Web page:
Laminectomy is a commonly performed procedure to treat spinal stenosis . The procedure involves resection of the spinous process, lamina, and mesial (most midline portion) facet joints. In addition, foraminotomy is also performed if required, a diskectomy can be simultaneously done to treat a disc herniation. Laminectomy can also be done when spine tumors need to be removed. Although an excellent procedure to treatment of certain disorders, laminectomy does carry a risk of facet injury and spinal instability.
Bone spurs (ie: spinal stenosis) can be removed by doing a laminotomy and foraminotomy. This involves resection of the medial lamina and the facet joint.
Fusion of the thoracic can be performed posteriorly or laterally through the chest.
Corpectomy involves resection of the vertebral body. Usuall a thoracotomy (Chest cavity opening) is required to perform a corpectomy. Rarely, a corpectomy can be performed via a posterior approach.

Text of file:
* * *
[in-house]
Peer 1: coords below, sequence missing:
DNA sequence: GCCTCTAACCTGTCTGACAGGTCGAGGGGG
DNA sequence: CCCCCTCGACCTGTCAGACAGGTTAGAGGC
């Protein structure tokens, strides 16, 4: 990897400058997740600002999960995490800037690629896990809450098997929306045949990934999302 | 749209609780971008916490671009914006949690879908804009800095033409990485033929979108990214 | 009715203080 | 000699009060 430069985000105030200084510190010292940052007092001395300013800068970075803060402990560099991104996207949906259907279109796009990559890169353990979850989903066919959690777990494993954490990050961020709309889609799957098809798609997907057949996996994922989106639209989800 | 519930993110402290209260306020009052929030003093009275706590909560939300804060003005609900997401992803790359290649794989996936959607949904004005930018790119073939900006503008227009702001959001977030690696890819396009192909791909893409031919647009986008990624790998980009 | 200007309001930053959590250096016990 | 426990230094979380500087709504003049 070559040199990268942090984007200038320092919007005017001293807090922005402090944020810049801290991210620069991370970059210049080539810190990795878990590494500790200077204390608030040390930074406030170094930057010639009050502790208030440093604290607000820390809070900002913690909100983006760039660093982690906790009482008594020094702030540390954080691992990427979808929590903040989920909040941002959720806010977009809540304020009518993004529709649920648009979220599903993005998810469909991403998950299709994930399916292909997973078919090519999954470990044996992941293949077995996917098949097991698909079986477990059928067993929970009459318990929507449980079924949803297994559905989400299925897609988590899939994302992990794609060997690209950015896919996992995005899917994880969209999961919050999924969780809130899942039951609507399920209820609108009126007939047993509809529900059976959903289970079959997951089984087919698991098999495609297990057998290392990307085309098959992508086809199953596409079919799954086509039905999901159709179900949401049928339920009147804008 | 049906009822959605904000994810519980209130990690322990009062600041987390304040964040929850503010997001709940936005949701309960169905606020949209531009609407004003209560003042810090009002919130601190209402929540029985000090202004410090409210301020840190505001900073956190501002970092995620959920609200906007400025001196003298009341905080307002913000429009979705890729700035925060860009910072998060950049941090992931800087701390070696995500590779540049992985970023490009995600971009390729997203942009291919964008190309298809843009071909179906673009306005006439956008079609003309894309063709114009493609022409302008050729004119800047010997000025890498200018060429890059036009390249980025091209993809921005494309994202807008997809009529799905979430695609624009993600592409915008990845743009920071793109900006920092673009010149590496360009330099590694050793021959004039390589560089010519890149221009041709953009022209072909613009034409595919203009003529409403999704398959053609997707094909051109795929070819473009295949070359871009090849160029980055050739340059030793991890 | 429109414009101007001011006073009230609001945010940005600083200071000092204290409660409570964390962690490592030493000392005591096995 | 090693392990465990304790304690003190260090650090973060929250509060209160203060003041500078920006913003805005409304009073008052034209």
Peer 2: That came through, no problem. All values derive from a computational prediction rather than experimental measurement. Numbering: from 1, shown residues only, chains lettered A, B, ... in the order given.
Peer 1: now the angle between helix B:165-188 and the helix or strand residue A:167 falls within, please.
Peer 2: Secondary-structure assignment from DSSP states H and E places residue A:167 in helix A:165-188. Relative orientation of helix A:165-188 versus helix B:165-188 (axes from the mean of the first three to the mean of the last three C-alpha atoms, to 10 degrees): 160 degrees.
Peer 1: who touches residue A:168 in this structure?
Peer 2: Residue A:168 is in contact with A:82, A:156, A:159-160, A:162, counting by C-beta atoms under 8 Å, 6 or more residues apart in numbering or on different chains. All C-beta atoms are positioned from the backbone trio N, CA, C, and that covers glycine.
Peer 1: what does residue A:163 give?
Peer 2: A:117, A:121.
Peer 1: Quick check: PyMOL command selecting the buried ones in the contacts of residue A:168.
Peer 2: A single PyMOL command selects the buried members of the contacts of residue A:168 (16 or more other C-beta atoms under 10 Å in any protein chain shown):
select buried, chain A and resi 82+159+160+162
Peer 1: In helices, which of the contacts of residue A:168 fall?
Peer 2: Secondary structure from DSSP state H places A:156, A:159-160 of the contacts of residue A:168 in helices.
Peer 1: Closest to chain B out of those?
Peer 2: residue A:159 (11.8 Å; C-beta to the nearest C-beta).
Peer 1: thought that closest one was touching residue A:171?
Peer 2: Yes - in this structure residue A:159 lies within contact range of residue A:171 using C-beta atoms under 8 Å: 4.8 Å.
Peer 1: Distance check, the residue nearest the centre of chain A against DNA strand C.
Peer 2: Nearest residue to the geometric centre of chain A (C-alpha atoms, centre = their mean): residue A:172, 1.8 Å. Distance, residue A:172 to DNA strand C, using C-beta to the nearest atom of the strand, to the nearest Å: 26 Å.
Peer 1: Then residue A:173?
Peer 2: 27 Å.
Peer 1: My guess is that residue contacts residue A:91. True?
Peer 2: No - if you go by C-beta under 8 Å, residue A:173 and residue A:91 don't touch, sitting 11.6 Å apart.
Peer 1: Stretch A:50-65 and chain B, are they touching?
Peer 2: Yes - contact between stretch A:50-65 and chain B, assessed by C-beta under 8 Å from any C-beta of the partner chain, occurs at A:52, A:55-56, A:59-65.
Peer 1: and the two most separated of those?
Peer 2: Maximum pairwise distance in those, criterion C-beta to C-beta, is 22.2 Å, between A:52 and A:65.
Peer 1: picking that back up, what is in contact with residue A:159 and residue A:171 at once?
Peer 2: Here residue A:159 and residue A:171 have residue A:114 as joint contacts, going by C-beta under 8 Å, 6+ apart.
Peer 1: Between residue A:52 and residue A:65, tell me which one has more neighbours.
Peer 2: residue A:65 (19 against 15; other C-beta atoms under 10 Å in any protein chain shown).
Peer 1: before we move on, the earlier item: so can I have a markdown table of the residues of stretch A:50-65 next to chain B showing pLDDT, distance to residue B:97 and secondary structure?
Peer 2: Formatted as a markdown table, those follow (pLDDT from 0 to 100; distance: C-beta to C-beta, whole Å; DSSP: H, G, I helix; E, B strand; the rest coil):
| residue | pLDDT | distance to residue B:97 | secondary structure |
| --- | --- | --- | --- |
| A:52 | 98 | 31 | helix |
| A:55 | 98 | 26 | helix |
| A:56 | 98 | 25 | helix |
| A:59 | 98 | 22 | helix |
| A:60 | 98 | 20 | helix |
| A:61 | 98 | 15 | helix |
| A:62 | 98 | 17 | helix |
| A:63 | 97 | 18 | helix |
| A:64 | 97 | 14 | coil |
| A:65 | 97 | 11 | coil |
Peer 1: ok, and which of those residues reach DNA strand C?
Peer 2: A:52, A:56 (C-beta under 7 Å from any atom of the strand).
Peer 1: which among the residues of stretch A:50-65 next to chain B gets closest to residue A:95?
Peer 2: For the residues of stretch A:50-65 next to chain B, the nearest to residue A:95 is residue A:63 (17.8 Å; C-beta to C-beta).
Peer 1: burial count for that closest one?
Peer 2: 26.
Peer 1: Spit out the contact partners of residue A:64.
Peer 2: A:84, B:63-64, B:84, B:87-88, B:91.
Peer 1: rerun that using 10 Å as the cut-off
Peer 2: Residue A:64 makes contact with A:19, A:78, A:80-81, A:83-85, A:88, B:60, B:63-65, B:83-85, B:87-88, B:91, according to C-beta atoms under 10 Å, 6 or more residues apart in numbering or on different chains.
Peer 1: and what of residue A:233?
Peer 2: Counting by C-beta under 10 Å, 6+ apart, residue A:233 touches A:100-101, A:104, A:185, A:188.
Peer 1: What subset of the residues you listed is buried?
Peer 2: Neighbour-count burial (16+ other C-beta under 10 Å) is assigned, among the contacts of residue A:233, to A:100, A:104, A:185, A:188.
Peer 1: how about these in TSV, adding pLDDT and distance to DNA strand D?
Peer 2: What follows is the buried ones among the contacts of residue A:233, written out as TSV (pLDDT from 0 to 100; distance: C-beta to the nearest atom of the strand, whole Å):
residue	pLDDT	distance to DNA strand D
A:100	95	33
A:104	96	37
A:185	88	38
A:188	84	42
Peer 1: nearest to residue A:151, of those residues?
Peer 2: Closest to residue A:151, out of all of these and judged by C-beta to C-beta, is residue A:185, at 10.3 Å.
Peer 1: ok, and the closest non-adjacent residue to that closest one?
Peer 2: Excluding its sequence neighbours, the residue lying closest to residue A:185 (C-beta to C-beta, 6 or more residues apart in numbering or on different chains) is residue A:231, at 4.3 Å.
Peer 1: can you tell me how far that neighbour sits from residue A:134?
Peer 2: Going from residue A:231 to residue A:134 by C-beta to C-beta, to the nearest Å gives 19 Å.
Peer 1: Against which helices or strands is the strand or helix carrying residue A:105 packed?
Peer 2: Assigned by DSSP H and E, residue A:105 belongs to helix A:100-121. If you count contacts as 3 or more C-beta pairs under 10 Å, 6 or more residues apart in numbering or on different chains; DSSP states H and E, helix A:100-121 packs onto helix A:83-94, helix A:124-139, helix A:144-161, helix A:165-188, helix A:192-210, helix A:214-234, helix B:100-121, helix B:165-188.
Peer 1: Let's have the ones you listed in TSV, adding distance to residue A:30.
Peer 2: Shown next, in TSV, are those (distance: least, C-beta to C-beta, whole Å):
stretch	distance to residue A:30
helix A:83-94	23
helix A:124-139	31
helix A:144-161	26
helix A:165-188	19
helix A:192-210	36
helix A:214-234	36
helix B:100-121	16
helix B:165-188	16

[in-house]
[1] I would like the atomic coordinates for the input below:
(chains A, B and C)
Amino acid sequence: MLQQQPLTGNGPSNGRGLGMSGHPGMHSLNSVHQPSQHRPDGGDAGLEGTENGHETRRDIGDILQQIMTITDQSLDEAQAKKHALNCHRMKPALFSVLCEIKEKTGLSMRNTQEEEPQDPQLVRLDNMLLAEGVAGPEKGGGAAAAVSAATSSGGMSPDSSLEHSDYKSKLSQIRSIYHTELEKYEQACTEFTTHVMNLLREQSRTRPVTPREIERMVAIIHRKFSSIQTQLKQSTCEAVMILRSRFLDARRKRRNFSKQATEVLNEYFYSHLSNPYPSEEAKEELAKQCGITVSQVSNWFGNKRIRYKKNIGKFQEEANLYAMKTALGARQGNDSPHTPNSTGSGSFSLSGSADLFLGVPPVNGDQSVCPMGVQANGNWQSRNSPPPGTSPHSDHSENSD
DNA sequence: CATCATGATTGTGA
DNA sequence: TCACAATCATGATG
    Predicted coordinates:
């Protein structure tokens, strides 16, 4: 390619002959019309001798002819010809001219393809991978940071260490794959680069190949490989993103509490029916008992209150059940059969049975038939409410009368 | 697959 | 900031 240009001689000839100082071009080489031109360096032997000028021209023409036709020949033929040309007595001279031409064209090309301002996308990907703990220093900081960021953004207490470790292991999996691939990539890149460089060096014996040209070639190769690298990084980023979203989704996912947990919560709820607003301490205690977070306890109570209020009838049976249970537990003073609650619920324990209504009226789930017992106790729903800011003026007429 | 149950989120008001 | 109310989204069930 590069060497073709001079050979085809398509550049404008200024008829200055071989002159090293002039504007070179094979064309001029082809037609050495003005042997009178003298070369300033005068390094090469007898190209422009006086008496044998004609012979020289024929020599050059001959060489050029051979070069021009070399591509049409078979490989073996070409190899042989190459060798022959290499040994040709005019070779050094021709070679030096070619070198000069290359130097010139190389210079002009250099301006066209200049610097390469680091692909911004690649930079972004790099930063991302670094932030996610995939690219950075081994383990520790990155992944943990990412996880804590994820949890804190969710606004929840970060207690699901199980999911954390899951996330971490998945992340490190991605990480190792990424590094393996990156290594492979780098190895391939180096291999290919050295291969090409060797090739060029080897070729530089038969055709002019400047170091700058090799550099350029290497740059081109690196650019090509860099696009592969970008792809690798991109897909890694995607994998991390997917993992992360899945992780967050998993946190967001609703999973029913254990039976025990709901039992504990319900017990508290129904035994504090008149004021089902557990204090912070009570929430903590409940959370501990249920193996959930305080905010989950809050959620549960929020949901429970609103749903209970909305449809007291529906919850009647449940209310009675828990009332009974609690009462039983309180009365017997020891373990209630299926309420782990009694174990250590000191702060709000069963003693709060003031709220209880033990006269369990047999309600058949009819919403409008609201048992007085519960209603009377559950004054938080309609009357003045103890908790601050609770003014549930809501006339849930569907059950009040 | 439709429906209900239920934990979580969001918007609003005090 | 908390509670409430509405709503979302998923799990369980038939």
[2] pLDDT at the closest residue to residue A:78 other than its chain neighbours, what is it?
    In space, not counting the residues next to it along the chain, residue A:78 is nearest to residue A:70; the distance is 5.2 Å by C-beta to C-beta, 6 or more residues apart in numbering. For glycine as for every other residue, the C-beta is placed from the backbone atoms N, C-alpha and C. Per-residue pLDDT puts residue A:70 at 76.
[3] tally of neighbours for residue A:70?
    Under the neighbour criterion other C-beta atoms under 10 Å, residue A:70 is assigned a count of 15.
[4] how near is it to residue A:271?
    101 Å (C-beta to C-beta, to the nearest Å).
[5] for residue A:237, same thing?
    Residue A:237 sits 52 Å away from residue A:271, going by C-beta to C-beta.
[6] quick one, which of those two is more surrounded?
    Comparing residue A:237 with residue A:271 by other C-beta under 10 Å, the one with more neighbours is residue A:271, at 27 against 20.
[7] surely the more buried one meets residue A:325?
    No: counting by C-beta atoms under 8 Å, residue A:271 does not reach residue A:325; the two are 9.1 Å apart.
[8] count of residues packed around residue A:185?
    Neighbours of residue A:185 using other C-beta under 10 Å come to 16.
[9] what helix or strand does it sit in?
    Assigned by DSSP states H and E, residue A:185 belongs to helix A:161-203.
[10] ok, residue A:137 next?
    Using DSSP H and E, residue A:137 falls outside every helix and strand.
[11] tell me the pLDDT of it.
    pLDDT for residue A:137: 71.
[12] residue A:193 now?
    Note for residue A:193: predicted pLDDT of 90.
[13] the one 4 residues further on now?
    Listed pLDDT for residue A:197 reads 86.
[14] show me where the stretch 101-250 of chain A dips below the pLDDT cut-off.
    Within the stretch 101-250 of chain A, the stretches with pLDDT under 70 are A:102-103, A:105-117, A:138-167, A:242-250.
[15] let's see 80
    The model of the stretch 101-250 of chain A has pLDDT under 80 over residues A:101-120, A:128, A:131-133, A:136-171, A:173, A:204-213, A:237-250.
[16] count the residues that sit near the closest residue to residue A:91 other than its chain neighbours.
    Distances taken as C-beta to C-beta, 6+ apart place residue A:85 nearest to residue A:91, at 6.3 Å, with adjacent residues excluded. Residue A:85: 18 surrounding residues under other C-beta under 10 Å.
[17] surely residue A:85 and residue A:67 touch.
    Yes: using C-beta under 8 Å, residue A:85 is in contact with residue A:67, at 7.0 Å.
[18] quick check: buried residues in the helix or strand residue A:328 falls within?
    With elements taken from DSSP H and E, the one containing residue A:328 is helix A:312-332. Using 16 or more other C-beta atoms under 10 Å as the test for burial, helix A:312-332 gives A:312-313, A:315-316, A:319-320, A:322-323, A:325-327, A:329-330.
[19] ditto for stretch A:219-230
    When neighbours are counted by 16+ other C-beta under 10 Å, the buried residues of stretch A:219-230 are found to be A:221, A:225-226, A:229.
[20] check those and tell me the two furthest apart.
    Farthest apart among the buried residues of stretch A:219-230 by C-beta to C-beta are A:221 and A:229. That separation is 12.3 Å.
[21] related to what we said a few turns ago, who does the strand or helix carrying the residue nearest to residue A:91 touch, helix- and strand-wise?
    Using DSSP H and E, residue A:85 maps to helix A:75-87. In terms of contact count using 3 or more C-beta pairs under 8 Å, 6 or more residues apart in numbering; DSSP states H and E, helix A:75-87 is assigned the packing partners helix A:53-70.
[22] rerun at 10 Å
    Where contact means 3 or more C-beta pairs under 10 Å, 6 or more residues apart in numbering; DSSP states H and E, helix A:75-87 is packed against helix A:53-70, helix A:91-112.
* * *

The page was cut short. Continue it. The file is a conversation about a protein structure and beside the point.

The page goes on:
Certain disc herniations in the thoracic spine (especially those herniations that are centrally located) can be removed through an endoscopic approach. Typically, three endoscopic ports are inserted into the chest to remove the disc herniation. A camera is placed through the ports to visualize into the chest.
Thoracic disc herniations that are located laterally can be removed from a posterior approach.